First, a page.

| want it changing during the read! */
        | sregSav = SREG; // cache register holding Global Interrupt
        | Flag
        | cli(); // clear Global Interrupt Flag
        | ms = s_msTimer;
        | SREG = sregSav; // restore register holding Global Interrupt
        | Flag
        |
        | return ms;
        | }
        |
        | Does anyone have a suggestion on how to have a fixed main program
        | loop period?
        |
        |
        |
        |
        |
        | Visit the SRS Website at http://www.seattlerobotics.org
        | Yahoo! Groups Links
        |
        |
        |
        |
        |
      • daylan darby
        This looks like C code. If it it why not add inline? inline unsigned char TimerCheck(unsigned long timer, unsigned long delay) { return (timer + delay)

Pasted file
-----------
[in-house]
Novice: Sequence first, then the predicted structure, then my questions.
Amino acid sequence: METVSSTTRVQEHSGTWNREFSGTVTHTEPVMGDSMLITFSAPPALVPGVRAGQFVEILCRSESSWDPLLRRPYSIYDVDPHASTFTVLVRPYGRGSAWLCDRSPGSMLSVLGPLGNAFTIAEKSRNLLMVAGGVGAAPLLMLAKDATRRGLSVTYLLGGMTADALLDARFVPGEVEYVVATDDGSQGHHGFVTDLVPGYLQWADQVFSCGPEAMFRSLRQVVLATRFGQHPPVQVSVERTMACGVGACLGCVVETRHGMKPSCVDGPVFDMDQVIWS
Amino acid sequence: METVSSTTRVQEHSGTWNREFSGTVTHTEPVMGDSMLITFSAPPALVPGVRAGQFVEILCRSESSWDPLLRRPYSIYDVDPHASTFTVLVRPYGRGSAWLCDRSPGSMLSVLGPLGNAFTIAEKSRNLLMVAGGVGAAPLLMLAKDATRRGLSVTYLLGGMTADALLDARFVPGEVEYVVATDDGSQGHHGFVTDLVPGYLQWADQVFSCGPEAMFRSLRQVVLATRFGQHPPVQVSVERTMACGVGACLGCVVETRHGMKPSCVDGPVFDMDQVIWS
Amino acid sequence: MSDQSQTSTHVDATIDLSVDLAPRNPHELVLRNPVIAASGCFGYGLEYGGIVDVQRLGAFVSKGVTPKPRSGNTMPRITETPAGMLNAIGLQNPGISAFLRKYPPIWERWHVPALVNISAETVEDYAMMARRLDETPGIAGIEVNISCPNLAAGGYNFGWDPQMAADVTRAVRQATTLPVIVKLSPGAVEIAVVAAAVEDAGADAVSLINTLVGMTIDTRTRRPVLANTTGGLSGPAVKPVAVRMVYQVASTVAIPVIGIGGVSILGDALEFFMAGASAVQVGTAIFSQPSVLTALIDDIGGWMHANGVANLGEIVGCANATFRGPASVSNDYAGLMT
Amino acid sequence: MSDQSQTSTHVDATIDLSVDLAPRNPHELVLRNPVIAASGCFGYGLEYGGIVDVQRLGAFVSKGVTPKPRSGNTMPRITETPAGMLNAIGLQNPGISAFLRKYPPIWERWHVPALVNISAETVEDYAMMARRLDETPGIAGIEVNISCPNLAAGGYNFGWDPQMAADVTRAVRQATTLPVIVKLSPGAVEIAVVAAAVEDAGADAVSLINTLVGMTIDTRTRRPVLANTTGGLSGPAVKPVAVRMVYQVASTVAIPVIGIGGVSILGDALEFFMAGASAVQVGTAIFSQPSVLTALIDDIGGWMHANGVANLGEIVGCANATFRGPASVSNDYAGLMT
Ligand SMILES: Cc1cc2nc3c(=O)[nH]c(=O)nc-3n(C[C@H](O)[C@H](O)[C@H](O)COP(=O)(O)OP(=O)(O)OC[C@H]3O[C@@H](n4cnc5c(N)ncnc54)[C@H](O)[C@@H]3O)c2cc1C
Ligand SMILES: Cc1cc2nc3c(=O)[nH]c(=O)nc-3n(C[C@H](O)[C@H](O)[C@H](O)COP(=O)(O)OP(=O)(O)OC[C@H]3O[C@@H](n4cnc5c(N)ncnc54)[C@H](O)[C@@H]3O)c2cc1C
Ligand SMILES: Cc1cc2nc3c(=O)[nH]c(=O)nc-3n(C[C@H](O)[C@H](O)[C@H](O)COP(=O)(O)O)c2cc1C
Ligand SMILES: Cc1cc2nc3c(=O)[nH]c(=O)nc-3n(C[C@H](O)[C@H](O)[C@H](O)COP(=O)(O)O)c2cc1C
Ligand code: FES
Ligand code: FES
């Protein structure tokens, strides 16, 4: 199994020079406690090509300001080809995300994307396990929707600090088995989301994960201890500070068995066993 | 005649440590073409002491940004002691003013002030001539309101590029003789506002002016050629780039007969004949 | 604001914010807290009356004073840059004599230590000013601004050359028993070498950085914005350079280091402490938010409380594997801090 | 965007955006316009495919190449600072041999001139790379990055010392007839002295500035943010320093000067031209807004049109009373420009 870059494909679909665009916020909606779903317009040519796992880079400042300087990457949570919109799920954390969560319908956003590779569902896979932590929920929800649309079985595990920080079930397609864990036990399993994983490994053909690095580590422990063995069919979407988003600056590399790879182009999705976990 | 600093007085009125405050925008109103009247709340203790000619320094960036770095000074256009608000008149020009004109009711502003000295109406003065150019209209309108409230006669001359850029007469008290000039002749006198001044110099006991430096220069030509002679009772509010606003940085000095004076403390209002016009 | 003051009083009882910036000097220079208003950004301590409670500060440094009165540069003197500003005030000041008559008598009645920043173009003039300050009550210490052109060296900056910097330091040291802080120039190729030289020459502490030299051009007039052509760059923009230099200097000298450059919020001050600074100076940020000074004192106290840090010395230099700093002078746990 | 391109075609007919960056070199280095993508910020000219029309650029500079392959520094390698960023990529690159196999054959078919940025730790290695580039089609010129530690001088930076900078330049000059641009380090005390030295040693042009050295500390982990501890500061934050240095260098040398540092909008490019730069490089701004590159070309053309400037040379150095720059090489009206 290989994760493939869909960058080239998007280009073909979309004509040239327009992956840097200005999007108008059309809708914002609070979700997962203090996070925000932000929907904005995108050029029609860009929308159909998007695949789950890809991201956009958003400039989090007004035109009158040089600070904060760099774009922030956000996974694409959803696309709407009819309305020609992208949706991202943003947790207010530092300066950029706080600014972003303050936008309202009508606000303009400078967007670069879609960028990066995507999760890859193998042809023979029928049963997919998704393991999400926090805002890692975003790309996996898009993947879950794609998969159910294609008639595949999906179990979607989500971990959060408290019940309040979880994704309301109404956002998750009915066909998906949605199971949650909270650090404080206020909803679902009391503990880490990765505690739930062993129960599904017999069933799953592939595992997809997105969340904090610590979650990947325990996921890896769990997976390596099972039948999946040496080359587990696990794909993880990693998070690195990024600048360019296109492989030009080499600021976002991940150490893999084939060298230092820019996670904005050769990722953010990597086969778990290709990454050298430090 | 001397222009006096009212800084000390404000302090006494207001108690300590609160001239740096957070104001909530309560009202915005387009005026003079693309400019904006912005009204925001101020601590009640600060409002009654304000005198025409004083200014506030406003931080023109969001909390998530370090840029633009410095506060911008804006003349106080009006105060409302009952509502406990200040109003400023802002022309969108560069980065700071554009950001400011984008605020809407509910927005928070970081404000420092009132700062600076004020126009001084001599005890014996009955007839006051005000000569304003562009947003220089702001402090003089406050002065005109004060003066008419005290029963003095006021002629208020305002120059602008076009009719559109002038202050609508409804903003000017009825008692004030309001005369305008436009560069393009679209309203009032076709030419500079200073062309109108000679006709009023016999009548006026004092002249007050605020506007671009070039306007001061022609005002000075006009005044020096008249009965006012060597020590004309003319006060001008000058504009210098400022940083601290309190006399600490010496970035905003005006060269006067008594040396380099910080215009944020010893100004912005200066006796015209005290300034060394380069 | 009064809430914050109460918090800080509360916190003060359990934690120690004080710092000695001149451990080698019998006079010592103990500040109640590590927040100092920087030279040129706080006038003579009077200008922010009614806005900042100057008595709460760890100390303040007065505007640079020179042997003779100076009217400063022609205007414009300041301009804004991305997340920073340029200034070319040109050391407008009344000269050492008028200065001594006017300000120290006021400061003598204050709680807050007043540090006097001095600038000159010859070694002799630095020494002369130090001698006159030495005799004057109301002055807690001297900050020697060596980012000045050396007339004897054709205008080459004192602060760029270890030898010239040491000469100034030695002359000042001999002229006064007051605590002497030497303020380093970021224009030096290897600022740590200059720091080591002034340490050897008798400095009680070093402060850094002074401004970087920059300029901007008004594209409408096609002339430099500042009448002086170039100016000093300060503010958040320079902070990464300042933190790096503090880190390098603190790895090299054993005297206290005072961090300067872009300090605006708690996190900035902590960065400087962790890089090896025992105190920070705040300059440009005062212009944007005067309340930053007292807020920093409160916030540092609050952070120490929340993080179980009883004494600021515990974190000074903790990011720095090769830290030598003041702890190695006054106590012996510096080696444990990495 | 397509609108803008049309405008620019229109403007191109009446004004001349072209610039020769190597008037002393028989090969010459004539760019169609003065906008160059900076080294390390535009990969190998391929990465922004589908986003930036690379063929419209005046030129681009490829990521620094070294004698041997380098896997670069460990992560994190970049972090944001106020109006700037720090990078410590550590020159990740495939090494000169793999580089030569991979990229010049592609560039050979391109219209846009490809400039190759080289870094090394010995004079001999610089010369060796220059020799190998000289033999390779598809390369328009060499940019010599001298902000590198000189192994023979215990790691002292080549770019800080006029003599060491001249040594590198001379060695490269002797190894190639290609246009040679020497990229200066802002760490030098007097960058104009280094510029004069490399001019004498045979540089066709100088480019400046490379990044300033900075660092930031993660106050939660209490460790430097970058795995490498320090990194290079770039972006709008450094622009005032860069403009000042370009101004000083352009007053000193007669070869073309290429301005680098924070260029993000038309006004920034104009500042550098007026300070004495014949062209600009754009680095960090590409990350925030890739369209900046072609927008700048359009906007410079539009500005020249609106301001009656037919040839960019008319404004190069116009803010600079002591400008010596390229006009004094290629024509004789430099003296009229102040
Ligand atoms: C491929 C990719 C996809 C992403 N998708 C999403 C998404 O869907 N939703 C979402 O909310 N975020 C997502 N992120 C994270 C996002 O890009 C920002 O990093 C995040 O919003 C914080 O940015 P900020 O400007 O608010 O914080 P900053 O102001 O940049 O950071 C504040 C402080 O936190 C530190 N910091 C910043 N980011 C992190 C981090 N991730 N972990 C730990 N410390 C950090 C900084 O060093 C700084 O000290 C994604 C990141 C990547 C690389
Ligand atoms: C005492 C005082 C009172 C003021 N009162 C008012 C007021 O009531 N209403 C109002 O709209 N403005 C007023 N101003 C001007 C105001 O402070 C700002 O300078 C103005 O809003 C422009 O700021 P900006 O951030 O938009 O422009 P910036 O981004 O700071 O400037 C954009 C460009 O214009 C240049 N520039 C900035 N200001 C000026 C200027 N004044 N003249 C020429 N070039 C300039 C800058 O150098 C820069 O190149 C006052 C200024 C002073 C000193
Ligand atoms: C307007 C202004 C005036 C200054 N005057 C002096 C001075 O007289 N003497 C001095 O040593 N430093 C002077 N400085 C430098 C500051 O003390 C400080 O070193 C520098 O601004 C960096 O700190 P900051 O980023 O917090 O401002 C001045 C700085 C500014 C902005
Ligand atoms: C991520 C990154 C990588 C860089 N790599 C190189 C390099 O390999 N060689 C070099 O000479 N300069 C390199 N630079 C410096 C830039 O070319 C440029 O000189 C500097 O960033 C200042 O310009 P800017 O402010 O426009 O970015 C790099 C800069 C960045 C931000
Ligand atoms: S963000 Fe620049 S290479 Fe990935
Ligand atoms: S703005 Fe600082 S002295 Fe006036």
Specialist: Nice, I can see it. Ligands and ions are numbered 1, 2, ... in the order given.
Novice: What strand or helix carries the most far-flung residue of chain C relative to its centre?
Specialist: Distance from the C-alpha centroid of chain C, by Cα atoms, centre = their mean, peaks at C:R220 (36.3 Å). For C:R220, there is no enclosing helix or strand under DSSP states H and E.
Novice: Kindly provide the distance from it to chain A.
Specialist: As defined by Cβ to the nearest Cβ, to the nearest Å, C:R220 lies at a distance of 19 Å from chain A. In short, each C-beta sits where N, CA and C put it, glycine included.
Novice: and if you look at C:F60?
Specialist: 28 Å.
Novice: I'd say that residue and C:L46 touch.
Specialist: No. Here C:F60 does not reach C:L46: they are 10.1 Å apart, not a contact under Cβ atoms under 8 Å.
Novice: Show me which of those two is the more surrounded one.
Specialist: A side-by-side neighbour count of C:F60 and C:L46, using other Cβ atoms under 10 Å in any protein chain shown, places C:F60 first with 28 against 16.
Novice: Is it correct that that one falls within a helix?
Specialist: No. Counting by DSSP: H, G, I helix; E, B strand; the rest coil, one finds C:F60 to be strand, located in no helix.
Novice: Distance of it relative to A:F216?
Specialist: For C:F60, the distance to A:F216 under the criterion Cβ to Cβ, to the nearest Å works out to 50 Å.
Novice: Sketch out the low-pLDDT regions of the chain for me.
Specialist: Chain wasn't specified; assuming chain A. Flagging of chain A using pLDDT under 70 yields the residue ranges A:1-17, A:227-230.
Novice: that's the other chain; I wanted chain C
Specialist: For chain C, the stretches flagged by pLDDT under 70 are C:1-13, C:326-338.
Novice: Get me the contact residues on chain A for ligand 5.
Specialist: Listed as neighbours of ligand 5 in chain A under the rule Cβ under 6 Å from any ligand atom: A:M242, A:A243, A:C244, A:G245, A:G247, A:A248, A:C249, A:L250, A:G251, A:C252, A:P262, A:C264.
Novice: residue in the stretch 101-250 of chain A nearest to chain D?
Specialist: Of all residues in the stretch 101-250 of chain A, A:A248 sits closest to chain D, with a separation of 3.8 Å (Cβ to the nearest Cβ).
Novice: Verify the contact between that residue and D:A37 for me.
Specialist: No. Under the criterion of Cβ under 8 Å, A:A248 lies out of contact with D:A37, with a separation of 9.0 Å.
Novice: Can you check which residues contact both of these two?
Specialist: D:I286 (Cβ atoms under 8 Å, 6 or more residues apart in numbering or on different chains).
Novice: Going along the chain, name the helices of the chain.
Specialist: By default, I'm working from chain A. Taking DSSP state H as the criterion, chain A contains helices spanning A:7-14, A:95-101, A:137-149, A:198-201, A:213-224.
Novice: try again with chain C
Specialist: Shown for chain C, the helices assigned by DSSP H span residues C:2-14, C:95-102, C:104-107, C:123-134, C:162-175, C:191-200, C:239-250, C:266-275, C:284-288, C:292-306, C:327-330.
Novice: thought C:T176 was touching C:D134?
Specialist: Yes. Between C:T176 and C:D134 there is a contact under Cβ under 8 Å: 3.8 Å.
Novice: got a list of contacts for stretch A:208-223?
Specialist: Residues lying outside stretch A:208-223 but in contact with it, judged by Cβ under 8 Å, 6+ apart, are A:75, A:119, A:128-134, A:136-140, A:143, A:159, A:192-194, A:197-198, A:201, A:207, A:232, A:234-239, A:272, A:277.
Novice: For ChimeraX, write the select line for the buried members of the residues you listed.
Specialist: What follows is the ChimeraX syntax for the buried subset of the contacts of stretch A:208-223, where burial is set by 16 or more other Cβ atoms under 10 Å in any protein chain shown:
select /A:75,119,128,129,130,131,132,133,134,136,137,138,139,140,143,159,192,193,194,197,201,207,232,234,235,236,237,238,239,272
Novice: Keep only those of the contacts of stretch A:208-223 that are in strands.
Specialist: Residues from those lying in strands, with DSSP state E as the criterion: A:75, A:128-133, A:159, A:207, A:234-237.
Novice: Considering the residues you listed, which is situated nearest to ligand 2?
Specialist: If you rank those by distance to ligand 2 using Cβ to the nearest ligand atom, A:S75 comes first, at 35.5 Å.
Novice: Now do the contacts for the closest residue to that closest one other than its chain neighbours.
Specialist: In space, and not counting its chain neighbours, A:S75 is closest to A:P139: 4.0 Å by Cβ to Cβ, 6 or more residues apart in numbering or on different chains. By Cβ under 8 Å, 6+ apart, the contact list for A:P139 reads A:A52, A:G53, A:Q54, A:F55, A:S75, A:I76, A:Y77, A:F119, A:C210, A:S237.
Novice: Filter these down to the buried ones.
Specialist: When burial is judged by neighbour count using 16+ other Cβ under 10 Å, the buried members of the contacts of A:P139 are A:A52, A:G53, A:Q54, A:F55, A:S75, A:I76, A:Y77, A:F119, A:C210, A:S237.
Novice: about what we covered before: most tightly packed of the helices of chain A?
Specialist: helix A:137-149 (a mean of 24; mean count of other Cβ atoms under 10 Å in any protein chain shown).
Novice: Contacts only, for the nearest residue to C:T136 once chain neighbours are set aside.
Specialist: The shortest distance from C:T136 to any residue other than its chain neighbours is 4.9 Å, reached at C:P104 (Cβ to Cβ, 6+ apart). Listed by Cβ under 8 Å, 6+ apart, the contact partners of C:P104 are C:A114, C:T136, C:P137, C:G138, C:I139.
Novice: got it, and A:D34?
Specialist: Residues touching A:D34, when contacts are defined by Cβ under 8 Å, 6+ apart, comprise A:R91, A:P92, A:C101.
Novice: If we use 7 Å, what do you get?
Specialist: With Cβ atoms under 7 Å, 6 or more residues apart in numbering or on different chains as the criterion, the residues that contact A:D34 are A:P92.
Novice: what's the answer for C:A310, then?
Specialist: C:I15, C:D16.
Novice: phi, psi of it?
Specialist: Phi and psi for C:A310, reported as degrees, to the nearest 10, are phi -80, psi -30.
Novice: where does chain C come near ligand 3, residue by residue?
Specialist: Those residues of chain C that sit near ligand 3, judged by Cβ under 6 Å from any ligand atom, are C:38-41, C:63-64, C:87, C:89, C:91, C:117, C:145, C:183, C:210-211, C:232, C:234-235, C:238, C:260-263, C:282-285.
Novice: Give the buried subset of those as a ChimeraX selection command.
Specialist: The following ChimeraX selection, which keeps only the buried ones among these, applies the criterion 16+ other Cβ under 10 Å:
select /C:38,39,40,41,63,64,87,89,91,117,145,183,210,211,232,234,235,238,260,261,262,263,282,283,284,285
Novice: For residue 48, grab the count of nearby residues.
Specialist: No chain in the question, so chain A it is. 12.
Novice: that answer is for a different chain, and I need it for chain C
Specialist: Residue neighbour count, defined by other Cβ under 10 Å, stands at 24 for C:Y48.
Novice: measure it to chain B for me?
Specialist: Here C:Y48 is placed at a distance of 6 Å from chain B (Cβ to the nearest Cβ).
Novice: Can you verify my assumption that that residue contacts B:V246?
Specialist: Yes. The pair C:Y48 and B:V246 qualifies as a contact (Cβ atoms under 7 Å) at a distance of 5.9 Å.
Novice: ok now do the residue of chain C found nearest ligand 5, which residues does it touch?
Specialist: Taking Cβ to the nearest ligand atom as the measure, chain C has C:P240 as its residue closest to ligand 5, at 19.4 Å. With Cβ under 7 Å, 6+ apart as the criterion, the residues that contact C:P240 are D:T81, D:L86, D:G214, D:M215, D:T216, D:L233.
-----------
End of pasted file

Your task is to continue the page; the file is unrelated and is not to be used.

Message 3 of 5 , Mar 30, 2006
          This looks like C code. If it it why not add inline?

          inline unsigned char TimerCheck(unsigned long timer, unsigned long delay)
          { return (timer + delay) < TimerMSCur(); }

          Larry Barello wrote:

          >The problem isn't you TimerMSCur() routine. Interrupts are off for perhaps
          >1 microsecond, max, in that routine.
          >
          >What about TimerCheck()? What does that code look like? It should be:
          >
          >unsigned char TimerCheck(unsigned long timer, unsigned long delay)
          >{
          > return (timer + delay) < TimerMSCur();
          >}
          >
          >Make sure everything is unsigned so the routine works correctly even if the
          >timer rolls-over.
          >
          >-----------
          >Larry Barello
          >www.barello.net
          >
          >
          >
        • Larry Barello